"I'm at odds with my culture, my traditions (Mohawk)," Cheri admits. "I grew up all over Canada. I came to be proud of my heritage at a late date, 19. Until then it was racism, dealing with it, hiding from my heritage. It was my work that informed me of my culture -- or to be precise, 'native culture' -- not even particularly my own -- that brought me close to a sense of identity and pride. My work is intertwined with the culture that I have come to embrace, and that is comprised of sweating (West coast), smudging (West coast, Cree and Ojibway), pipe ceremonies (Cree and Ojibway). But my mentality and heart and soul...are Mohawk. My love of the land, and sense of loyalty, and protection of it -- Mohawk. It's a unique existence!"
The music and other arts they were reconnecting with became a way of bridging the gap between the negative stereotypes and who they knew they were. "I thought if non-Aboriginal people loved the culture they could not hate the people," Marc says simply.
Alan Greyeyes is the Aboriginal Music Program Coordinator at Manitoba Music, the only program dedicated to the professional development of Aboriginal musicians in the world. That's not the only hat he wears in what has come to be Aboriginal Music Central -- Manitoba. He sees the beginnings of a renaissance.
"There are a lot of people gravitating towards music as a career," he says. "Ten per cent of Manitoba's population is Aboriginal," he points out, "and a lot of them are younger." He cites the development of a solid infrastructure behind the burgeoning music scene, including two radio stations devoted to Aboriginal music (NCI FM and Streetz FM), several print publications and the Aboriginal People's Television Network (APTN), all located in the province. "There's a lot going on here. It's driving creativity," he says. "They see music as a viable career."
The arts become a vital way of connecting threads of past and present, and the results come in varied forms when it comes to individual practice.
"For me, my cultural infusion usually comes during the process stage. I cannot remember a time when ceremony, prayer, sweat lodge was not a part of the creation of a project for me," says Jennifer. "From television series, theatre to feature film, everything I have done breathes from an indigenous perspective, mostly Ojibway."
"People are just starting to reconnect," Alan says, "rediscovering and reinterpreting, being able to take those traditions and experiment with them." He names a number of innovative artists who've taken the old and made something entirely new, including renowned Inuk throat singer Tanya Tagaq Gillis and hip-hop pioneers A Tribe Called Red, who play with traditional icons and ideas to create a whole new brand of dance club music they're calling Pow Wow Step.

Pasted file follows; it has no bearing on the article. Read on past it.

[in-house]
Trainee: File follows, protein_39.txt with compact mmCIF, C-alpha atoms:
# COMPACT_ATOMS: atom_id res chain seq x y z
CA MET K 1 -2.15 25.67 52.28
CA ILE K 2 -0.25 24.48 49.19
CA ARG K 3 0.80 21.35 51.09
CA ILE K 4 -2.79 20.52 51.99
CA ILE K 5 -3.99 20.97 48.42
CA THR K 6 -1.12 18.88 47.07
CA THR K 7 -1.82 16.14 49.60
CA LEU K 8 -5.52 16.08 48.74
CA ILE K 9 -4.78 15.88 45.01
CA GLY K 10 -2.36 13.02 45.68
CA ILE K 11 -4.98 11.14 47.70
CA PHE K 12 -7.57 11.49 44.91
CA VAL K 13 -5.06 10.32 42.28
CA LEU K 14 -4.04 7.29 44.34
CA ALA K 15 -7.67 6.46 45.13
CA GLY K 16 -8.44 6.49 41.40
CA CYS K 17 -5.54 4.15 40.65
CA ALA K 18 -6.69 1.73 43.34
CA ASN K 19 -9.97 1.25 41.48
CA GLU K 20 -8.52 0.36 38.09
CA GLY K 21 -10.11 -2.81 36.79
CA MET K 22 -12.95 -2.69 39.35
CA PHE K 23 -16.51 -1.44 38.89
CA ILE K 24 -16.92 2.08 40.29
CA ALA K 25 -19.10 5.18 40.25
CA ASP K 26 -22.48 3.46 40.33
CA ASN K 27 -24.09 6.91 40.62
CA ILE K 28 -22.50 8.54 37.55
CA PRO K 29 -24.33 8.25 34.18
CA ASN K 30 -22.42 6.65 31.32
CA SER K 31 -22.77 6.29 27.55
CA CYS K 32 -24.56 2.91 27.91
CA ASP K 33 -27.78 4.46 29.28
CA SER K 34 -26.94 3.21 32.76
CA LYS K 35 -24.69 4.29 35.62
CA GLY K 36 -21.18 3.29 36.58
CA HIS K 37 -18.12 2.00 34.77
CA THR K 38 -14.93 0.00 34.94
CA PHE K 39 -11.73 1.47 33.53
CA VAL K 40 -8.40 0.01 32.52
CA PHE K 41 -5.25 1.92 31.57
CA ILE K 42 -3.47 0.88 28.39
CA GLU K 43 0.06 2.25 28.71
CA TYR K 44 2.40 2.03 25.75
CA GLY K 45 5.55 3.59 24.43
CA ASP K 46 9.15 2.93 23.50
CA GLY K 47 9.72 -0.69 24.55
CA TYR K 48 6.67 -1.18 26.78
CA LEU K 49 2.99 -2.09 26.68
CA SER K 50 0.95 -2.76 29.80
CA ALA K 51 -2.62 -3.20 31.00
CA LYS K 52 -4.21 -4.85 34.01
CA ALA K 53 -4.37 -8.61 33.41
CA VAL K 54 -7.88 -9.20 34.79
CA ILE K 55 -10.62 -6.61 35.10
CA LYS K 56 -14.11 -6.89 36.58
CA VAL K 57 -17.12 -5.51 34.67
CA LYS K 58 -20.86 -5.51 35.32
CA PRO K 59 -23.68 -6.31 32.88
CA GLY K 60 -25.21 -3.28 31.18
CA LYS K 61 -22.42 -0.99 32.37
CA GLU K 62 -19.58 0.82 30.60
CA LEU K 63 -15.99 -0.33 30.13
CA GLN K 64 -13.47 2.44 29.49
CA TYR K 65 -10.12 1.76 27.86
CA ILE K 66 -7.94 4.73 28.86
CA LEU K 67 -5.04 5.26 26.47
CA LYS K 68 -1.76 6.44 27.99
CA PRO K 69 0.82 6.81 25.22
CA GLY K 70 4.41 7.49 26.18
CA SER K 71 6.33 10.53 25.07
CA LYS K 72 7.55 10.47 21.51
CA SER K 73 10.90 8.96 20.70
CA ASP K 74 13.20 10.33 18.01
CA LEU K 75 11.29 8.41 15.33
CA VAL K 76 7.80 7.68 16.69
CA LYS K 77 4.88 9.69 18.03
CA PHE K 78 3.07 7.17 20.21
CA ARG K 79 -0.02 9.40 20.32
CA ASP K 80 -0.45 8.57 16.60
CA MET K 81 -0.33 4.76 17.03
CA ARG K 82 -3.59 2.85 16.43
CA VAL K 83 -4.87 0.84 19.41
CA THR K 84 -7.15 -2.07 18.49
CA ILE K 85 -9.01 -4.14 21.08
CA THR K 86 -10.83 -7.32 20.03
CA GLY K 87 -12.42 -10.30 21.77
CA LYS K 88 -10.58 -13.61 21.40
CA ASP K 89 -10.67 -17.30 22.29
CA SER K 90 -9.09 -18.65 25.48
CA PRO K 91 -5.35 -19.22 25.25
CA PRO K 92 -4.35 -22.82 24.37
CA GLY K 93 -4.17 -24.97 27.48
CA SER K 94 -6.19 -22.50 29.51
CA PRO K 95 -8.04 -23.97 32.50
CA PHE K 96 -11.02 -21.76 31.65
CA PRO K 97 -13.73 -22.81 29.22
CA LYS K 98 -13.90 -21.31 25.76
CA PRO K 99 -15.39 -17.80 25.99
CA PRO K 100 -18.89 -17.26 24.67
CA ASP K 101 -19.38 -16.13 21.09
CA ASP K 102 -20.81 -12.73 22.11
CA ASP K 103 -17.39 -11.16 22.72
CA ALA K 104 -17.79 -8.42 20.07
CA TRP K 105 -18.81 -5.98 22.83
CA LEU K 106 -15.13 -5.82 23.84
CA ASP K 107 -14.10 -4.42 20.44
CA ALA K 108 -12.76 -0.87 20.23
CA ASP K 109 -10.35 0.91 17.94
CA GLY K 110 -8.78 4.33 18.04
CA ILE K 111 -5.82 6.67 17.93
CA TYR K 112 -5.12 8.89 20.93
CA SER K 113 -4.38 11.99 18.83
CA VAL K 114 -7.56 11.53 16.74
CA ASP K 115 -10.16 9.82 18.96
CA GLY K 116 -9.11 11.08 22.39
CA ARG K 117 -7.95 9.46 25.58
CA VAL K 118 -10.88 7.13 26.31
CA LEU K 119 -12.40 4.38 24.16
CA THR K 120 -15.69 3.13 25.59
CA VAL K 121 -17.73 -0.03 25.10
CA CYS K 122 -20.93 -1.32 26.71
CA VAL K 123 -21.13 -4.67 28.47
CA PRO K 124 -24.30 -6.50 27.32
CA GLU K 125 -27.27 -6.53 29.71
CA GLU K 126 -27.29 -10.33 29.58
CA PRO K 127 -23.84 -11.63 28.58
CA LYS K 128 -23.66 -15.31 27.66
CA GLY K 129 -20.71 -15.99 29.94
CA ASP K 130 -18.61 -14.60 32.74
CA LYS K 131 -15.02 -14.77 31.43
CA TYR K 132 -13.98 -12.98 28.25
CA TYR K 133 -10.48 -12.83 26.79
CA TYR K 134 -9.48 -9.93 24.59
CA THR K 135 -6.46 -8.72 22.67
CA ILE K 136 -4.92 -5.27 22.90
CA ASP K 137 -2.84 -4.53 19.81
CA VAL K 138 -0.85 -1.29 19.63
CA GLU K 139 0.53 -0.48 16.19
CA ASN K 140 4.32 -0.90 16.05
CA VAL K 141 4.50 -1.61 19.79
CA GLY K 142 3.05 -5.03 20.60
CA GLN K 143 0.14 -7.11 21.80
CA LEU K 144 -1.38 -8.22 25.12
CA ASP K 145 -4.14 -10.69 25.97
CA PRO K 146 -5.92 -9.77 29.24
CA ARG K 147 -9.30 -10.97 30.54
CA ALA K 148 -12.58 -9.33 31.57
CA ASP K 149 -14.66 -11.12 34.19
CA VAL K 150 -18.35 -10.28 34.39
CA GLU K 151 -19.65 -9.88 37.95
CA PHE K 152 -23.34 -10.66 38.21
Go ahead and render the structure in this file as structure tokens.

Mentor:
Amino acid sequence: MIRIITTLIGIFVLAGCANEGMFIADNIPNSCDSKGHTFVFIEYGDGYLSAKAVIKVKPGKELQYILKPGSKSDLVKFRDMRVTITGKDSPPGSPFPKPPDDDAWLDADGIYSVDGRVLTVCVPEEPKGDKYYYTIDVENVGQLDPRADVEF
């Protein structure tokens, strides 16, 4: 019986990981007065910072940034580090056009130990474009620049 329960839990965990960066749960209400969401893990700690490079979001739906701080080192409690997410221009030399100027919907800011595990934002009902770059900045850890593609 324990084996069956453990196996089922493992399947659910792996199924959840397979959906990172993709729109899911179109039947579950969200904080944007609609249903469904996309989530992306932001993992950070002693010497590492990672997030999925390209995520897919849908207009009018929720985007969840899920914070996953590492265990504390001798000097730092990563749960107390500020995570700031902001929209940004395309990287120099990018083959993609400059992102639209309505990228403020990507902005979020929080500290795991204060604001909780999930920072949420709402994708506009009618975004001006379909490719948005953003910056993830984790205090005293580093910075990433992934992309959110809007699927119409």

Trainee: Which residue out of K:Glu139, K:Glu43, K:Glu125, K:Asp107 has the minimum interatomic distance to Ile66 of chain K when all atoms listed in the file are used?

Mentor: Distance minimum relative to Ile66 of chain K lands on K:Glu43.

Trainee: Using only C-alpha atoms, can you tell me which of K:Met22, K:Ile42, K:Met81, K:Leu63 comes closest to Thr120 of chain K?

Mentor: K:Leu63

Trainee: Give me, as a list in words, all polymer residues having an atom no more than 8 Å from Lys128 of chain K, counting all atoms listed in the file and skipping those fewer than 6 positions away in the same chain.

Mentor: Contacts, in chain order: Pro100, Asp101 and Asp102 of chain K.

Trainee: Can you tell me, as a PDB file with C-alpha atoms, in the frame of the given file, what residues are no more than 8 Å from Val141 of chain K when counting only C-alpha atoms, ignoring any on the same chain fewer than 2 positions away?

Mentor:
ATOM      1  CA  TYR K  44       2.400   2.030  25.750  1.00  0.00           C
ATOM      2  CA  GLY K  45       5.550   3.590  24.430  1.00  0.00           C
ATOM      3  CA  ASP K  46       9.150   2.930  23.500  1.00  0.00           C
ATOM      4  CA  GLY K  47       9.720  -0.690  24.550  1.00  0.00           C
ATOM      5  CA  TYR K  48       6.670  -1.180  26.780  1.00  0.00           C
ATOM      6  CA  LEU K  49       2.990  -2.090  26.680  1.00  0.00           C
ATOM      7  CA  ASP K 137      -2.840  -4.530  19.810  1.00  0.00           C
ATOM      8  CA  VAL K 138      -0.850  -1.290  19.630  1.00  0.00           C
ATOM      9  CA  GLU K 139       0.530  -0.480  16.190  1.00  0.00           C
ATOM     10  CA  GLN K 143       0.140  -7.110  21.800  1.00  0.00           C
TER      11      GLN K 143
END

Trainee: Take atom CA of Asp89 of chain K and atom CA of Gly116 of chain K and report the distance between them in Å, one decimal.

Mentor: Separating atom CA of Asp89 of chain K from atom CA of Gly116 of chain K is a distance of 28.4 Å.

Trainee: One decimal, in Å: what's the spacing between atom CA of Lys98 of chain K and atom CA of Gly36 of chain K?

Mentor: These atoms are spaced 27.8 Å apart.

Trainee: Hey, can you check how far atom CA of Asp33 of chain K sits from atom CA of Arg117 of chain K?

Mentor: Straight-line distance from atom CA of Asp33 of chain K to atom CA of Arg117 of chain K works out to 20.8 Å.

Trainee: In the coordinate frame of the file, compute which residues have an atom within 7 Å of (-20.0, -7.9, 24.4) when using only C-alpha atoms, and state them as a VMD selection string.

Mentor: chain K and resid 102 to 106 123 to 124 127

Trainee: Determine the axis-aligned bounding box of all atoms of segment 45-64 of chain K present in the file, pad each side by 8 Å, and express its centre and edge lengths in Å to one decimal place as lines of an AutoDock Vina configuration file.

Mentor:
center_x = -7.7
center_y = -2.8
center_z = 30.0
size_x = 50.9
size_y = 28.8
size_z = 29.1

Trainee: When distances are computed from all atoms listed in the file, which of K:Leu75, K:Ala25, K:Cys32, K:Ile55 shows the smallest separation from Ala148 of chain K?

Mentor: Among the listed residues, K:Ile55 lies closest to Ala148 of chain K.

Hip-hop is the musical mode of choice for many of the newest generation of Aboriginal musicians. With its urban flavour and origins of social resistance combined with its roots in storytelling tradition, it's an affinity that seems tailor-made and it permeates not only the Aboriginal music scene; its influence extends to visual arts as well with shows like Beat Nation focusing on that very conflux. New technology is also sparking the creative process. "More and more young people are taking up the video camera," Jason says.
So if this is just the beginnings of a renaissance, what about the future?
"We have such a strong and vibrant culture that has not only given us strength throughout our challenges but, it also serves as a blueprint for generations to come," says Marc. "It's not about dividing one another or excluding anyone, it's about inclusion and how we can all work together to create a better community for our children and a better world for tomorrow. This is why the Idle No More Movement is so relevant right now."
Jennifer Podemski sees the importance of presenting the "indigenous lens" in mainstream consciousness. "I felt invisible growing up," she remembers. "I know others had/have the same experience and I want to do what i can to help other young, beautiful Aboriginal kids feel like they are important, represented and mean something in the bigger picture."
"Our Culture will survive. We will survive. Look at what we've already been through....and they haven't wiped us out. The genocide? It didn't work!" Cheri says. "A friend of mine said a long time ago - to be an Indian is a lot of responsibility, to be an Indian is to be political, and she was right."
This gallery shows creative designs that illustrate the aims of the Idle No More movement.
Follow Anya Wassenberg on Twitter: www.twitter.com/AnyaArtsMaven